I READ IN the recent issue of the death of Maurice ("Mac") McCrackin. Your words and memories sparked my own ("Hearts & Minds," by Jim Wallis, March-April 1998). He was an amazing man who in my brief encounter with him made an important impression upon me.
I remember the Peace Pentecost of which Wallis wroteMacs quiet refusal to cooperate with the authorities and how they quickly separated him from the rest of us. When we were in the holding cells in the basement of the courthouse, a couple of marshals dragged Mac into the cell, twisting his fingers and thumbs backward trying to force him to cooperate and punishing him at the same time. Mac was crying and telling them to stop but never giving in.
We were all loaded on buses and taken to the D.C. jail under the intimidating care of the U.S. Marshal Service and then crowded into more holding cells just inside the jail, waiting to be officially fingerprinted and processed. Just down from me were several guys shooting up last-minute drugs. We waited and waited. Finally, the front door opened with the two marshals dragging in Mac. Still they were bending his fingers and thumbs, still he was crying for them to stop, still he would not cooperate. They dragged him to the fingerprint table and when he would not voluntarily put his fingers on the ink stamp-pad, they forced his fingers onto the pad by further twisting and bending them.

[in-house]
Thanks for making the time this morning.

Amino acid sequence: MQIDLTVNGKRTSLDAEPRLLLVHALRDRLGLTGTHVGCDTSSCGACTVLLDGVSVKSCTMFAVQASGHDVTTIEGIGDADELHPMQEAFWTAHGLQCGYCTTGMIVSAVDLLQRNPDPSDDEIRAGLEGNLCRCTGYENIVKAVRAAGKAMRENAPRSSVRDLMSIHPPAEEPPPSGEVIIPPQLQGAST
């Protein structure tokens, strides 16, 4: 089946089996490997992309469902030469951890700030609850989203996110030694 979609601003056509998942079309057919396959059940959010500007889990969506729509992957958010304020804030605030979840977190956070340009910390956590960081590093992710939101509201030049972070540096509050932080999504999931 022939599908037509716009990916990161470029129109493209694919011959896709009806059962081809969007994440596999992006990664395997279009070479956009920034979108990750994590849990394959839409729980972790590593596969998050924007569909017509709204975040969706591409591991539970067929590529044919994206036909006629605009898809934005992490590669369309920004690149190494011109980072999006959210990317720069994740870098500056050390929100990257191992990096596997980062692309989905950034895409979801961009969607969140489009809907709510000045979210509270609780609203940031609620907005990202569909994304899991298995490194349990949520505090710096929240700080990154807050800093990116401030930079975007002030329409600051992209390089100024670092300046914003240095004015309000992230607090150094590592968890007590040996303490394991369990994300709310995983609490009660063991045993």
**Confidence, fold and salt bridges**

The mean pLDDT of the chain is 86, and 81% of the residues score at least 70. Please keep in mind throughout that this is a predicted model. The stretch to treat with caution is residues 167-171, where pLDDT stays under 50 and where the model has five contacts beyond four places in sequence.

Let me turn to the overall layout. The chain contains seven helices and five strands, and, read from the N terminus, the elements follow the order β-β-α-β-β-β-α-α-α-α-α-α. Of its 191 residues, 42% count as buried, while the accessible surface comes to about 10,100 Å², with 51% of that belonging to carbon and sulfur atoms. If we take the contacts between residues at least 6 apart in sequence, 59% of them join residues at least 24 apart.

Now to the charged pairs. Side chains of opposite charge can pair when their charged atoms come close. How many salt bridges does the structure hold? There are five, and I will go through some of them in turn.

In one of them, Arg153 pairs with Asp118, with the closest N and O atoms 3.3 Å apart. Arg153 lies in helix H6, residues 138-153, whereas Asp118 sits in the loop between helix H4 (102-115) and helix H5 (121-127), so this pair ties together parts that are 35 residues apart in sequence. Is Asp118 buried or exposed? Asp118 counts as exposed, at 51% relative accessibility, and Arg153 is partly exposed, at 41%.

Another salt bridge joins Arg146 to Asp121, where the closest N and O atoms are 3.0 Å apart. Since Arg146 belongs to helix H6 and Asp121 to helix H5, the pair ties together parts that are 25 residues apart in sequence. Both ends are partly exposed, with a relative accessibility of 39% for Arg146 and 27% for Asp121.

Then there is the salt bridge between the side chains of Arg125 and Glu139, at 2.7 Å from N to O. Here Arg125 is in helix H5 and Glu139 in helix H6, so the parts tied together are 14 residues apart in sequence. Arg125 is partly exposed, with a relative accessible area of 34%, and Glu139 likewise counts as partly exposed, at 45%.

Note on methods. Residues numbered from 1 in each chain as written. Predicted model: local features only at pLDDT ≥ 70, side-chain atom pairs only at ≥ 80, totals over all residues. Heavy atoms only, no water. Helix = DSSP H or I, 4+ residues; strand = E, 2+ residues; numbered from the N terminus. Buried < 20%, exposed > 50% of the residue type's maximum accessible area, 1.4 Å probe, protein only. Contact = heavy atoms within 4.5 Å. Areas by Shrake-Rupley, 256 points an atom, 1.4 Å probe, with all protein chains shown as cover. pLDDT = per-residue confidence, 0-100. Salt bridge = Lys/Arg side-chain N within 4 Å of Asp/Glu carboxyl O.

At the same time, the holding cells had erupted with cries and shouts from the other prisoners. The guys near me, who had been so intense on their drugs, were jumping up and down screaming at the marshals and yelling for Mac not to give in to them. One fellow climbed up on the bars shouting, "Hey man! Dont give in! Dont let them break you!" He jumped back down onto the floor near me and said, "Hey man, who is that old guy, anyway? Hes something." I told him that he was arrested for protesting the U.S. support of terrorists in Central America and that he was a preacher who had spent his life fighting for peace and justice. The fellow looked back through the bars at Mac and said, "Hes a real man."
I will never forget what he said about Mac and what it means for the church. There I was, a middle-class white preacher having a conversation with a young African-American from a very different kind of life on the streets of D.C. What could I say to him? What could the American middle-class church say to him? Nothing. But Mac could say plenty. In fact, he had already said plenty.